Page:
Uveitis

An inflammation or infection of the uvea requires the intervention of an ophthalmic specialist. The uvea is comprised of the middle pigmented vascular layer of the eye and includes the iris, ciliary body and choroid which is the layer next to retina. Uveitis is usually due to no underlying cause. However, uveitis can be due to underlying causes such as some forms of arthritis and colitis. Rarely, organisms can affect the retina or choroid. They included Herpes Zoster virus, Herpes Simplex virus, Cytomegalovirus (CMV). Fungal infections such as candida can also affect the eye particularly in immune deficient states such as HIV. Introduction of bacteria after surgery or trauma and other rare causes such as toxoplasma, toxocara and Lyme Disease are other rare causes.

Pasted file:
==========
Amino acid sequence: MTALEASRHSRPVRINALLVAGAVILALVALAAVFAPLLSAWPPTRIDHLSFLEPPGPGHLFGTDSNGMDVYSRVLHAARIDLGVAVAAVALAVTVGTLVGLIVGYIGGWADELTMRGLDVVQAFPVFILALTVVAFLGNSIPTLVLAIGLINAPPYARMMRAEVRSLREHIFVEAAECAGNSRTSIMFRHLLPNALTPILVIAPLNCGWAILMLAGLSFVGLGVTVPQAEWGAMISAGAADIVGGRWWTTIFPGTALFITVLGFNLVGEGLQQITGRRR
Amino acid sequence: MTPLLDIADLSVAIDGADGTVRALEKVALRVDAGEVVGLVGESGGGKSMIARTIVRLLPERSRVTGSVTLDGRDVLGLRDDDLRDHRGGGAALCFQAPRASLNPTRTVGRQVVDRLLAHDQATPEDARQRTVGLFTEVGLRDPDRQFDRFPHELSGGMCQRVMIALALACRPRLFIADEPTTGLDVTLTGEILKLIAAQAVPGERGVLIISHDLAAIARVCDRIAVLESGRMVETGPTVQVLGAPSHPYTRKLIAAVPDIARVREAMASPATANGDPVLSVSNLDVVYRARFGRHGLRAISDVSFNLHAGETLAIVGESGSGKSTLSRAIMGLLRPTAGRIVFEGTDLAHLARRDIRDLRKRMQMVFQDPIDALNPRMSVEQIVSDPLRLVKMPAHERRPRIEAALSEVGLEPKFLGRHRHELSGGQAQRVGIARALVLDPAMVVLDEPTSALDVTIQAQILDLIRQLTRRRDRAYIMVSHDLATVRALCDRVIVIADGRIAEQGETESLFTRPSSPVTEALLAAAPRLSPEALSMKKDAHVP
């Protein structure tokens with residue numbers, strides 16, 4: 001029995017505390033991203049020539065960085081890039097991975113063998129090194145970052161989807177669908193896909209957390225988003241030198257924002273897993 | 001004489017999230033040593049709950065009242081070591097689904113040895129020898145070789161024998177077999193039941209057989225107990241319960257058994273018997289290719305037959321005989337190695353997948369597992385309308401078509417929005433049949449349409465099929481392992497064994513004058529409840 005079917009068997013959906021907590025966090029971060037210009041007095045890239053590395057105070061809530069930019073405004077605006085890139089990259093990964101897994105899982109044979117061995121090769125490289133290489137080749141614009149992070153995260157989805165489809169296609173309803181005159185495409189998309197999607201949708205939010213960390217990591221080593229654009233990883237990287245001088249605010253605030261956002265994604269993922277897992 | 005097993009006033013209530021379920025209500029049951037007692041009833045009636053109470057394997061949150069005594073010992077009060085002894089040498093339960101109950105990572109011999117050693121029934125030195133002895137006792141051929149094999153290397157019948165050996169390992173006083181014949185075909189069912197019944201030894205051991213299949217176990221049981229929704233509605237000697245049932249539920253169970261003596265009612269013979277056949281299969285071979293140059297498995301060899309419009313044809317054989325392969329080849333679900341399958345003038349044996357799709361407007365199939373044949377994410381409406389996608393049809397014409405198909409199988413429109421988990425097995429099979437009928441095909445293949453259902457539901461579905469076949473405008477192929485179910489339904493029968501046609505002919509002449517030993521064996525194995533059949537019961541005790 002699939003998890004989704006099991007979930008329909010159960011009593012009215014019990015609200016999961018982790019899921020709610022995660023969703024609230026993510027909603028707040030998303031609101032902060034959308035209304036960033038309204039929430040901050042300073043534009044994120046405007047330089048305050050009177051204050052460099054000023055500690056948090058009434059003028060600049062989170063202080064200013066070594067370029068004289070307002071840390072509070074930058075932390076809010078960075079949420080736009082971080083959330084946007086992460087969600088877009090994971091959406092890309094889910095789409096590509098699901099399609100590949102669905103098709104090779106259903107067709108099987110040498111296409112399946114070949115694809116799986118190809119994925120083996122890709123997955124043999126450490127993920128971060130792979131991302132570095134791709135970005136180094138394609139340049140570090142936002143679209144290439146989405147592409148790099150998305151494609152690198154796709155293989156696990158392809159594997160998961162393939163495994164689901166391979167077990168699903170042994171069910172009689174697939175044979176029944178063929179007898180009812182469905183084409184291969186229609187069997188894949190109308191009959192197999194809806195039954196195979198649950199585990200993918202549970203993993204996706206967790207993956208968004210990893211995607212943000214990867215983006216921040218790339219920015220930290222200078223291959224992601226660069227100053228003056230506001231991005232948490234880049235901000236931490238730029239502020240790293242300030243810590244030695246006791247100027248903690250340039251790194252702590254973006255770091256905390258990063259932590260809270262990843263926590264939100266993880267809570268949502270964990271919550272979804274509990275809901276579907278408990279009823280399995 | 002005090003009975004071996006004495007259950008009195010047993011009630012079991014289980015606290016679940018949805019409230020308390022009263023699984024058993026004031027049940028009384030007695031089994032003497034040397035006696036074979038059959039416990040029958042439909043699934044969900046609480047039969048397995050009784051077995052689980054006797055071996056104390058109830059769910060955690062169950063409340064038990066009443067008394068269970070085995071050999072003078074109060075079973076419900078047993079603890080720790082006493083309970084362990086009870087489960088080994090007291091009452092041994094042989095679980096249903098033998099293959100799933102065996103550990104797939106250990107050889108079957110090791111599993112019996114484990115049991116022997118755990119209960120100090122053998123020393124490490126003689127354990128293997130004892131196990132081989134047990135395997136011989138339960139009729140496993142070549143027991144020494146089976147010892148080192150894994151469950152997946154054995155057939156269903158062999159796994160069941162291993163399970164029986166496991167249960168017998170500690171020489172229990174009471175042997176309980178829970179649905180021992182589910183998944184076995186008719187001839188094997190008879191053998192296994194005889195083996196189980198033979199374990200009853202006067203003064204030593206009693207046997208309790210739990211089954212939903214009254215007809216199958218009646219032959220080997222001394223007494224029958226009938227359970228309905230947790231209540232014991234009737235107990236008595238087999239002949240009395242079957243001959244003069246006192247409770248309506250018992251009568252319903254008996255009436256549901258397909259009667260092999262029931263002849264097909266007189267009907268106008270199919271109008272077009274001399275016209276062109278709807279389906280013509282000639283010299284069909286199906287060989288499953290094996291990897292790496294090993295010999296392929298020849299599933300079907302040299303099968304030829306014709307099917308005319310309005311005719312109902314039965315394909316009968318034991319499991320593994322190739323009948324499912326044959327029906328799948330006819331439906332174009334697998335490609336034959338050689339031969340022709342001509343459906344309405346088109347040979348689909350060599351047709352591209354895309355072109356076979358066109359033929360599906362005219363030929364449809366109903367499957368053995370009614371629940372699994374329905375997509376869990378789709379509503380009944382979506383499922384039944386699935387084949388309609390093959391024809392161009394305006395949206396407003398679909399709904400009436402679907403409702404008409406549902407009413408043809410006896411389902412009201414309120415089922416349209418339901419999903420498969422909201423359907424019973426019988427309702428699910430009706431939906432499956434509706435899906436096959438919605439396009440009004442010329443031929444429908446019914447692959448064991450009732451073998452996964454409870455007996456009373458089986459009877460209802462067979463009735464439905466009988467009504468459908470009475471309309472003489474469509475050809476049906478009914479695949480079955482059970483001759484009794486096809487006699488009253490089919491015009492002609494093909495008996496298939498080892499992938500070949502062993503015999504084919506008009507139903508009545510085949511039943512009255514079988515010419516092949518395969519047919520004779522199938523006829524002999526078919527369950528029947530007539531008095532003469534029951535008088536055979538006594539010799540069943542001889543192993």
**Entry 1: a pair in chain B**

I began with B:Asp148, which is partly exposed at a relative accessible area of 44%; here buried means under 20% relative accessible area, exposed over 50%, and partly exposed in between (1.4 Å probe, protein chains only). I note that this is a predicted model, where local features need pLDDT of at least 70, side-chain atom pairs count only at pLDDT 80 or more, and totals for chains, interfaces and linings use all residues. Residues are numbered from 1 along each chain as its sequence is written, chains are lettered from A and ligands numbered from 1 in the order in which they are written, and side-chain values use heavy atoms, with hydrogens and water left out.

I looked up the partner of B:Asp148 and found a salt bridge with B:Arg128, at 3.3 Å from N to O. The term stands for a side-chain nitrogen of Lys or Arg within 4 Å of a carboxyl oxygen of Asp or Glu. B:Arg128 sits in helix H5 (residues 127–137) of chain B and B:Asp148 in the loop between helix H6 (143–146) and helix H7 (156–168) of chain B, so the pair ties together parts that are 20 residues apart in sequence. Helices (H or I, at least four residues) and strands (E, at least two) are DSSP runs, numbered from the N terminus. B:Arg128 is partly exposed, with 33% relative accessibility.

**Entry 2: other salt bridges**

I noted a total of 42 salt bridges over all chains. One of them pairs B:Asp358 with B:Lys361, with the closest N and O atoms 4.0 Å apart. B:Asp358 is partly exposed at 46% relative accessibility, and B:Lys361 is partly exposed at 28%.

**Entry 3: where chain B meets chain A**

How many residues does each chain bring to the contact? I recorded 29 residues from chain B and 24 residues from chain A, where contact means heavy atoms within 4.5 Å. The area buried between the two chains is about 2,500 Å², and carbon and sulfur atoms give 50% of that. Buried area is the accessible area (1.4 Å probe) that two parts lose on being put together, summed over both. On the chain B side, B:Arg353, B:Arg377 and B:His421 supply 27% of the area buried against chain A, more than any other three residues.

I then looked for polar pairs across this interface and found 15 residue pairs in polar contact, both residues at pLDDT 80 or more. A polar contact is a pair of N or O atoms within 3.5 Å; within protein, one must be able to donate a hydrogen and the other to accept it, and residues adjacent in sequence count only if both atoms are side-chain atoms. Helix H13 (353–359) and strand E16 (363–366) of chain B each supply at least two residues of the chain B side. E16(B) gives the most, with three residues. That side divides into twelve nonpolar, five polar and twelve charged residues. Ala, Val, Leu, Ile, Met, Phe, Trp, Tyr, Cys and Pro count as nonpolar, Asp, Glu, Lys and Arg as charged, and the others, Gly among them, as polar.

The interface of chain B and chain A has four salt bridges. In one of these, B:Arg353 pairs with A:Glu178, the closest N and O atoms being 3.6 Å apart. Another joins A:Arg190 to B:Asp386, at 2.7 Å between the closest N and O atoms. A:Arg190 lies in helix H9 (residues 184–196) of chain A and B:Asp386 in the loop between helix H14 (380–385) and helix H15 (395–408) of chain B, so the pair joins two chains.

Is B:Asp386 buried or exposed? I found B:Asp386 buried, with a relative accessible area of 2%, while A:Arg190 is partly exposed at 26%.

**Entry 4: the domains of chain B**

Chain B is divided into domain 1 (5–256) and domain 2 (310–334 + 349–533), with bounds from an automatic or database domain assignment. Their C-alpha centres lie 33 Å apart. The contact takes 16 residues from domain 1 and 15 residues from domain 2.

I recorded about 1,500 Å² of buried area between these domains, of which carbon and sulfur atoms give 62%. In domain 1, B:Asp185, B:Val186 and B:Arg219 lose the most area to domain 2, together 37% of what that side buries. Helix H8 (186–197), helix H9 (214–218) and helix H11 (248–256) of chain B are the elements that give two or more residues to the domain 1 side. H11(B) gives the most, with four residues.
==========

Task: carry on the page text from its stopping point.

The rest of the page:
What are the symptoms?

Redness of the eye and blurred vision are the most striking symptoms. There may be eye pain and sensitivity to light, the appearance of floaters and headaches should also cause concern.

What is the treatment?

Prompt referral and treatment is paramount in order to avoid complications of uveitis such as adhesions between iris and the lens thereby causing irregular pupil. Untreated uveitis can compromise vision due to cataract formation, glaucoma and macular oedema. Treatment is usually with steroid eye drops and in some cases tablets or ocular/peri-ocular injections. In chronic or resistant cases special agents to modulate immune response may be required.